Gov. Ron DeSantis stood by his administration’s decision to reject Florida students from accessing an Advanced Placement course on African American studies. In fact, he even went so far as to claim the course would push the “gay agenda” and inappropriate political ideologies onto children, per the Miami Herald.
DeSantis didn’t say anything new beyond the typical trash he spews about Black history, instilling a fear of anti-racist education into white parents. This time, he weighed heavily on the possibility that a Black studies course may touch on some “controversial” topics such as prison abolition but, most importantly, the intersection of sexuality and race.
“Now who would say that an important part of Black history is queer theory? That is somebody pushing an agenda on our kids. When you use Black history to shoehorn in queer theory, you are clearly trying to use that for political purposes,” said DeSantis.
Actually, DeSantis, YOU are the one who has weaponized sexuality for political purposes.
The College Board hasn’t even released the whole curriculum to the public. However, DeSantis has already narrowed a year’s worth of learning into two chapters. Plus, the report says the Florida Department of Education has joined the opposition, objecting to the readings of several scholars and activists, including but not exclusive to Kimberlé Crenshaw and Angela Davis.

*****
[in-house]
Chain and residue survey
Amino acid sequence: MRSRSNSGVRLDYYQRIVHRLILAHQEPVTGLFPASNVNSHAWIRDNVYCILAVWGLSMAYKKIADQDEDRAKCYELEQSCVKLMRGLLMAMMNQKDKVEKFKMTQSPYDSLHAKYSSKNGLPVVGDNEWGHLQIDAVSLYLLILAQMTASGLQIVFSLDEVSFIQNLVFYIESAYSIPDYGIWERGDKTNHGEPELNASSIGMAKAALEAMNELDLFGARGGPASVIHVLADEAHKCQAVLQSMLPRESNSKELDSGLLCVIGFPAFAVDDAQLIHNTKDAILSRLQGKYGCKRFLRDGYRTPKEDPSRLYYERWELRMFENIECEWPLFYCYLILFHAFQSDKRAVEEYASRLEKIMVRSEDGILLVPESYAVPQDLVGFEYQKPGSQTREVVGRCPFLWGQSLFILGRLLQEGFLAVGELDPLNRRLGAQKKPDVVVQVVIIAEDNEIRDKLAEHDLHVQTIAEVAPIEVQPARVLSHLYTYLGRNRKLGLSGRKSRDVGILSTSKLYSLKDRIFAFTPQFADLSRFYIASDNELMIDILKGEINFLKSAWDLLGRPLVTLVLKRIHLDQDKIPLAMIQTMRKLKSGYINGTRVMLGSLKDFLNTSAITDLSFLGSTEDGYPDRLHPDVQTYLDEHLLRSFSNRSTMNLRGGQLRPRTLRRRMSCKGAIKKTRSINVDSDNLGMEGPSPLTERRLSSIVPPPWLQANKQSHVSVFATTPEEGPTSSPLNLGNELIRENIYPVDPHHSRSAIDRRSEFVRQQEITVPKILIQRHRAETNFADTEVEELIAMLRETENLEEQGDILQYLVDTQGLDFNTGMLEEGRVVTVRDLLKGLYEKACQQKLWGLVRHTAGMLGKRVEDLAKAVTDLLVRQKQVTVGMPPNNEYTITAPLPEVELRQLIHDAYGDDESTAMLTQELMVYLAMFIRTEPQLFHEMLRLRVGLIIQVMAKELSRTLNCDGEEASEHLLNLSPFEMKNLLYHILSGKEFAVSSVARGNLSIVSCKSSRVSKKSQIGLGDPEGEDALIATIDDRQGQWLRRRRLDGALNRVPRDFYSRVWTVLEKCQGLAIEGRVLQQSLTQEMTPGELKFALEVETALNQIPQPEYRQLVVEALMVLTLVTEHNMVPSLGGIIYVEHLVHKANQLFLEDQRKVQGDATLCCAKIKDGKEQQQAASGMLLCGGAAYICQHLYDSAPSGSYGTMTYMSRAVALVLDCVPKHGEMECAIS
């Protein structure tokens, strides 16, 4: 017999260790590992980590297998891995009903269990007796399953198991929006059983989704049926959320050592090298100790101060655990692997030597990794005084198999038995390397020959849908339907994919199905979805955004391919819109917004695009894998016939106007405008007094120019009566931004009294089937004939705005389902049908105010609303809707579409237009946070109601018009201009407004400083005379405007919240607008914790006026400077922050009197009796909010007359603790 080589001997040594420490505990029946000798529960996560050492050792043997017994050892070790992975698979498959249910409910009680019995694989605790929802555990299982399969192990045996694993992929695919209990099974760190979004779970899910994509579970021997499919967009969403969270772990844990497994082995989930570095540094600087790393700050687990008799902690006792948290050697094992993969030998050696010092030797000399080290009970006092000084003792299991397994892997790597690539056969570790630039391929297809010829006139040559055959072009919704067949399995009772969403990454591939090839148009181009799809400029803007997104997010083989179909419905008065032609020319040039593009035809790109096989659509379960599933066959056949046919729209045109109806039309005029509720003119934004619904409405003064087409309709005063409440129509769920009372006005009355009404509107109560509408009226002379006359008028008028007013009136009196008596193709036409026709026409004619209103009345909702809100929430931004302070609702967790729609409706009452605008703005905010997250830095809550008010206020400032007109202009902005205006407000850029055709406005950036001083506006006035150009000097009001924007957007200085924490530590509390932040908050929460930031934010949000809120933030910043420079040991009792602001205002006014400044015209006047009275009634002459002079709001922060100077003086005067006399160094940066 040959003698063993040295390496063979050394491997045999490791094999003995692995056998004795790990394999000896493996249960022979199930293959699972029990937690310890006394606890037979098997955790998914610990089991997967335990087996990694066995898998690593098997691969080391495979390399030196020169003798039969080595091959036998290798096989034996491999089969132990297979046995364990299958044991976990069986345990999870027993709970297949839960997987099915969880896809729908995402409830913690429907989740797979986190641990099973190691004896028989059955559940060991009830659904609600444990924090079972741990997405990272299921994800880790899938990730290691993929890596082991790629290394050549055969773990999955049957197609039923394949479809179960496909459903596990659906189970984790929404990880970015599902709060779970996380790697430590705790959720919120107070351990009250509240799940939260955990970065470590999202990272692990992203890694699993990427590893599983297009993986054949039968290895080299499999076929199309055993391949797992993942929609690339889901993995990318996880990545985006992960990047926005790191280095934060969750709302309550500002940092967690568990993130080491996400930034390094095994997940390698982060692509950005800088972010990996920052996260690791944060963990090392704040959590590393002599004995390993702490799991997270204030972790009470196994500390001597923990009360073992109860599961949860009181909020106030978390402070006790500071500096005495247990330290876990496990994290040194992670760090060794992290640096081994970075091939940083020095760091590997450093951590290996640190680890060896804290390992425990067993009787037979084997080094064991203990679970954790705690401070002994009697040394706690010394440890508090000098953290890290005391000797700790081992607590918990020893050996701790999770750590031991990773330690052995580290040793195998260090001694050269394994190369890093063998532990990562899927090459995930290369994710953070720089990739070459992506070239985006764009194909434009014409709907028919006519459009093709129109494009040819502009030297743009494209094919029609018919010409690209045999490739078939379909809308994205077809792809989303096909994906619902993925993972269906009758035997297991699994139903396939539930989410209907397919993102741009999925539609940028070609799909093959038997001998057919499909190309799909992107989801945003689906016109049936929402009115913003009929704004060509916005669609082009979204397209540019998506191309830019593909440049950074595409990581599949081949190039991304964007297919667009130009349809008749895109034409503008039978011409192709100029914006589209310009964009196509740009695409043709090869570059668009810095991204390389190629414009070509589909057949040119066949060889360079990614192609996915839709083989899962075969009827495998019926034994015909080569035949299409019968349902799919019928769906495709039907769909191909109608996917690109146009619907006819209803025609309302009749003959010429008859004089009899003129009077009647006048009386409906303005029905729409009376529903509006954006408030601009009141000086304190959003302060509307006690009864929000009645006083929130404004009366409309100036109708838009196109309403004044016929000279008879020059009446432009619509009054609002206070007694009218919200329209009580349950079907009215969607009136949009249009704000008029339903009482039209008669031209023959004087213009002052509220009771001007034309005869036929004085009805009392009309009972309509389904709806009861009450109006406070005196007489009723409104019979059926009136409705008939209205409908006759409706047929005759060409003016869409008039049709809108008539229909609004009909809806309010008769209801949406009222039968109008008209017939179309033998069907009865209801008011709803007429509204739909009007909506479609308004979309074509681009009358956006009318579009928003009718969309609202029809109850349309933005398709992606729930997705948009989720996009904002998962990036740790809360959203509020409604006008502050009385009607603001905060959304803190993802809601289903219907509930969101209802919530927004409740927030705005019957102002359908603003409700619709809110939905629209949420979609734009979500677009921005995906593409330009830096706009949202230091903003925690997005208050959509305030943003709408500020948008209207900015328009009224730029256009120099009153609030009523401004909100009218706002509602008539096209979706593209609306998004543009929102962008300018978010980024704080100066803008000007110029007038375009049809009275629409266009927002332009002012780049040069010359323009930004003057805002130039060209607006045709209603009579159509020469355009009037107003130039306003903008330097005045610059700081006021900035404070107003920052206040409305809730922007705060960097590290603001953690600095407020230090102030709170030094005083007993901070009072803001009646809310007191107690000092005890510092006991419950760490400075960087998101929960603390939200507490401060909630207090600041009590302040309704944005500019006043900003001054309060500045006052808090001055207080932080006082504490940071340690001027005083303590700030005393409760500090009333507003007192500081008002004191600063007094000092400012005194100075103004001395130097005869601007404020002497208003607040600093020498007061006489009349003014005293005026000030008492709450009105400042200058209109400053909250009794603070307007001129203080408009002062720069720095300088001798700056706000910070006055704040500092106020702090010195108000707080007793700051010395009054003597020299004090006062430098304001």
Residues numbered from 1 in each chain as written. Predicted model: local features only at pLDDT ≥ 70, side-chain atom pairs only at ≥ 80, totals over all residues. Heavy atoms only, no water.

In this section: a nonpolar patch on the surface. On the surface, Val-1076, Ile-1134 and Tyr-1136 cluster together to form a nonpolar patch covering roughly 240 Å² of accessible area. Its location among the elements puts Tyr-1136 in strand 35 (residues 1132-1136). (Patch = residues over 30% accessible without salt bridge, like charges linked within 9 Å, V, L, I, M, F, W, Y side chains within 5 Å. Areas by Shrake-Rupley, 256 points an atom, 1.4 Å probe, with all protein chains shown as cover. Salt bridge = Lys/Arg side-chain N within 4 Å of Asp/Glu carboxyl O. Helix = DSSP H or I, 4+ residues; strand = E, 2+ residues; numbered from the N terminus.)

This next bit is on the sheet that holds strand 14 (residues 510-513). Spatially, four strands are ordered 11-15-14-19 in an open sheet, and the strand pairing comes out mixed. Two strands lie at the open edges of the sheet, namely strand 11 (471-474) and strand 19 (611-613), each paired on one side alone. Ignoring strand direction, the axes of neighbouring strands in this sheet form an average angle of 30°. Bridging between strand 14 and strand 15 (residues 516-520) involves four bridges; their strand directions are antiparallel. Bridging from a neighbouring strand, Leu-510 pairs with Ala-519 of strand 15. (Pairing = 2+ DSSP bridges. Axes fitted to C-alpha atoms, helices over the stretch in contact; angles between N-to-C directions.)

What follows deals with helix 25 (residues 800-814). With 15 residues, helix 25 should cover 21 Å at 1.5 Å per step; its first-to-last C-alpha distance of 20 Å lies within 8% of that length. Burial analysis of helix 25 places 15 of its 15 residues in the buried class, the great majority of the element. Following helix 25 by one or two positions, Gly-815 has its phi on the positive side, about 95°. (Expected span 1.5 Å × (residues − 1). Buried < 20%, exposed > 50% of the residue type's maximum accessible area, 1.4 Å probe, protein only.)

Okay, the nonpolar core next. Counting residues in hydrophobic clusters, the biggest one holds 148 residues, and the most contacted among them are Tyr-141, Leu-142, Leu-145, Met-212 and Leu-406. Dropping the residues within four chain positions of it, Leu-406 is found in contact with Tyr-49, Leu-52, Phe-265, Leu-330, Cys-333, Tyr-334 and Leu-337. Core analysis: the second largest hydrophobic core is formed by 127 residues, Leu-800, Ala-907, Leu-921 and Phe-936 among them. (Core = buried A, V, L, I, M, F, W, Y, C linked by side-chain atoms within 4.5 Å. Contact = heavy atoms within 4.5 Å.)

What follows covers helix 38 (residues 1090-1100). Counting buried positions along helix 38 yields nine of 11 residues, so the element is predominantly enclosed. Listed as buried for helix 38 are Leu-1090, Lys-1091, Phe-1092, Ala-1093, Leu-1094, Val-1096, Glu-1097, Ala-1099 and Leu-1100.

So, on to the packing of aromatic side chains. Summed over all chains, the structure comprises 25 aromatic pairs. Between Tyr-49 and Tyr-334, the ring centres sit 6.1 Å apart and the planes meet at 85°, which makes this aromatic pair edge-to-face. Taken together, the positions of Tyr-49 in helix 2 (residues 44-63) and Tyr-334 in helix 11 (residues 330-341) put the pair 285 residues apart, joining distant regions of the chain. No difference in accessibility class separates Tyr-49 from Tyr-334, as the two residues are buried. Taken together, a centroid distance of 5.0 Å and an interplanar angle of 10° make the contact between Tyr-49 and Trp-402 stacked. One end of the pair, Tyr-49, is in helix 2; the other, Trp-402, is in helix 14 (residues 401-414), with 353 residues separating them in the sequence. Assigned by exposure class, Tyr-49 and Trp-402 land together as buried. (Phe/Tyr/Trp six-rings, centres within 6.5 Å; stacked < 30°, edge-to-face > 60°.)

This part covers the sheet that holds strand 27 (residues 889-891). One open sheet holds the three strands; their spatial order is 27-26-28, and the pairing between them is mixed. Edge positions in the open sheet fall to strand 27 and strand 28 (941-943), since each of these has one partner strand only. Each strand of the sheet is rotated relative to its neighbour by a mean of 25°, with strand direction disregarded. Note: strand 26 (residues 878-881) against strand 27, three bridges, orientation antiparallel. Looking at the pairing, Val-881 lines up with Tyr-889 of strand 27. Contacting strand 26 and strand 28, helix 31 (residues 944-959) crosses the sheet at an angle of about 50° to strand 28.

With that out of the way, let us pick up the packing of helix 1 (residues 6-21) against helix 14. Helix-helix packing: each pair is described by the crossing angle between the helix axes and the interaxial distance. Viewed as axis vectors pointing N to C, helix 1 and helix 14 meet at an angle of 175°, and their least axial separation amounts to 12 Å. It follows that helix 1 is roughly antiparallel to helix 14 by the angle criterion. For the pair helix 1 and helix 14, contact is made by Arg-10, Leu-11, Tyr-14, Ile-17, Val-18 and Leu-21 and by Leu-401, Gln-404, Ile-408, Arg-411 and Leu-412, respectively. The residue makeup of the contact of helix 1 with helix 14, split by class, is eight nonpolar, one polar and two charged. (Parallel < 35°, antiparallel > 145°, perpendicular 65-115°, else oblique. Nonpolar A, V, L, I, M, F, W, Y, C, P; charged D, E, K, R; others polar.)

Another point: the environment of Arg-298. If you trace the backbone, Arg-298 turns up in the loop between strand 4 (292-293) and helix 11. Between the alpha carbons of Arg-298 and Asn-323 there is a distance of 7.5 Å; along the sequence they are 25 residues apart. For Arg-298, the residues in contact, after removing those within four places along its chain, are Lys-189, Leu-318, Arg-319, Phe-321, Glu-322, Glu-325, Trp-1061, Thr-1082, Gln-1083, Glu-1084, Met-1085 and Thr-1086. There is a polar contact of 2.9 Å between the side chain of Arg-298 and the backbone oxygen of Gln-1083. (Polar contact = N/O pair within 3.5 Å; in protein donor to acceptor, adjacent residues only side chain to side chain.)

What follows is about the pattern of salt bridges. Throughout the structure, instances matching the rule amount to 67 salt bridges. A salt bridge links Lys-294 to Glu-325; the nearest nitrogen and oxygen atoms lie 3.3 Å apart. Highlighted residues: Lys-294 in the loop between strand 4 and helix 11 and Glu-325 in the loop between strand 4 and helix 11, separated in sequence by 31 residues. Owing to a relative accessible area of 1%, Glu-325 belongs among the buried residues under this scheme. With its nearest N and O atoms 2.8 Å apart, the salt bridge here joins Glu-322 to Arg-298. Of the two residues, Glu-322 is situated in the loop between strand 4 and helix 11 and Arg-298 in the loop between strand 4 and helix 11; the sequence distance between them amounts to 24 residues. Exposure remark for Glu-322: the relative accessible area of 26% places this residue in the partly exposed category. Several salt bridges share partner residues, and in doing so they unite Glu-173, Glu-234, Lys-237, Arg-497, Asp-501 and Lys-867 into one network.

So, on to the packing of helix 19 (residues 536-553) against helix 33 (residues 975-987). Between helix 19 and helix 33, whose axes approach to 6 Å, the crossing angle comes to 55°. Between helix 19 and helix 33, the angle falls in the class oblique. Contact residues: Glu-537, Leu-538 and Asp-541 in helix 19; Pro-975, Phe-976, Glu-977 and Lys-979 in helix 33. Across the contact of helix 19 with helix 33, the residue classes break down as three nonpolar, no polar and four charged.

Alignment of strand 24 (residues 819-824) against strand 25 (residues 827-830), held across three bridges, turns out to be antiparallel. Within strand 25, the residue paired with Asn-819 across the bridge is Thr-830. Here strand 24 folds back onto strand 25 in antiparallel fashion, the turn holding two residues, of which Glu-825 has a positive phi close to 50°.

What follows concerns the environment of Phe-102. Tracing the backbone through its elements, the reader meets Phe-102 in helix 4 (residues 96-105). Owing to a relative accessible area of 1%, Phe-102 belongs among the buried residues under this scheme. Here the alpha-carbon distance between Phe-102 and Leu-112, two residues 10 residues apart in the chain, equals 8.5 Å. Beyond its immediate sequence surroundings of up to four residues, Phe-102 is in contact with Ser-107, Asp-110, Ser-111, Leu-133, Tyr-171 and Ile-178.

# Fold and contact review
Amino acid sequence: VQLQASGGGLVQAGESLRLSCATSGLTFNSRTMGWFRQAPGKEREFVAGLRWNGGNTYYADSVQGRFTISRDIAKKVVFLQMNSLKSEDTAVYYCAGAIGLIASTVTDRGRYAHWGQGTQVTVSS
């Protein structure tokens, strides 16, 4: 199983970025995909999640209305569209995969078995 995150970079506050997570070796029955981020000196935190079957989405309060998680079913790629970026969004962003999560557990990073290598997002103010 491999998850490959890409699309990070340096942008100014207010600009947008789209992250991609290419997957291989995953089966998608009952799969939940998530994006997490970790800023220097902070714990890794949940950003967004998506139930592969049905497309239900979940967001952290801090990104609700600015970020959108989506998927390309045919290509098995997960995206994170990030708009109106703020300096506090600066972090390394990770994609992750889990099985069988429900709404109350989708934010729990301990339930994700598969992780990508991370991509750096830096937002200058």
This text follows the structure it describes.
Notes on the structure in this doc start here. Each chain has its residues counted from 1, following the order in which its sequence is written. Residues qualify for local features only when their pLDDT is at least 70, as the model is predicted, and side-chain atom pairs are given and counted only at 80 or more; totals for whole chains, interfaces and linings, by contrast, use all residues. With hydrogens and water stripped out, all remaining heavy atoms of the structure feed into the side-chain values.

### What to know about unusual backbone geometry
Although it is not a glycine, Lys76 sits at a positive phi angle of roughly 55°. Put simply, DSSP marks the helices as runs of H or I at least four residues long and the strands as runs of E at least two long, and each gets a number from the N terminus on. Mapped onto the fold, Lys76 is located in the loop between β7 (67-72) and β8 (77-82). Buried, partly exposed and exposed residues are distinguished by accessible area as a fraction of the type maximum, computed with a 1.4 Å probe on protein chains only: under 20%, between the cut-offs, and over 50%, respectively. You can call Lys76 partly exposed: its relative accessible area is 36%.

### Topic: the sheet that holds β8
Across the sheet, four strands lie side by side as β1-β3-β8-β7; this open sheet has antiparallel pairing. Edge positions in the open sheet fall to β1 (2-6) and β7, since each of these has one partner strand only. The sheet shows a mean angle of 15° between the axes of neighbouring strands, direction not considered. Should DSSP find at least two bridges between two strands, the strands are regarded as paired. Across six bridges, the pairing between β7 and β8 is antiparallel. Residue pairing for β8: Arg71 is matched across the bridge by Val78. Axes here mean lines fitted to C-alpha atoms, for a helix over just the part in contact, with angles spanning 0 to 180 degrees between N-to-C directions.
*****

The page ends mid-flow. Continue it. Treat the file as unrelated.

Read the response to DeSantis’ remarks via POLITICO:
The move drew swift backlash in the state and beyond, racking up criticism from by academics, advocacy groups and liberal policymakers including the Biden administration, which on Friday said that blocking the course was “incomprehensible.”
A coalition of Black faith leaders is now pushing to meet with the DeSantis administration over its decision to block students from taking the course and is planning a march on the capitol in Tallahassee next month. They join a chorus of Black state lawmakers who have denounced the move by the Florida Department of Education, claiming it is an attempt to whitewash history.
“When you devalue my history, and say it lacks educational merit, that is demeaning to us,” Rev. R. B. Holmes, Jr., pastor of Bethel Missionary Baptist Church in Tallahassee, told reporters Monday. “And it may be a problem in messaging, maybe they didn’t mean it that way. It already has national attention.”
I would give anything to go back to my all-girl Catholic high school and study AP Black history. I didn’t learn everything about my history until I was a freshman in college - which made the truth even more shocking, but also refreshing and enlightening.
The Florida students who wish to learn about about anti-racism or even pursue careers inspired by it continue to have their voices drowned out by anti-critical race theory croaking. Has anyone asked them what they want to learn?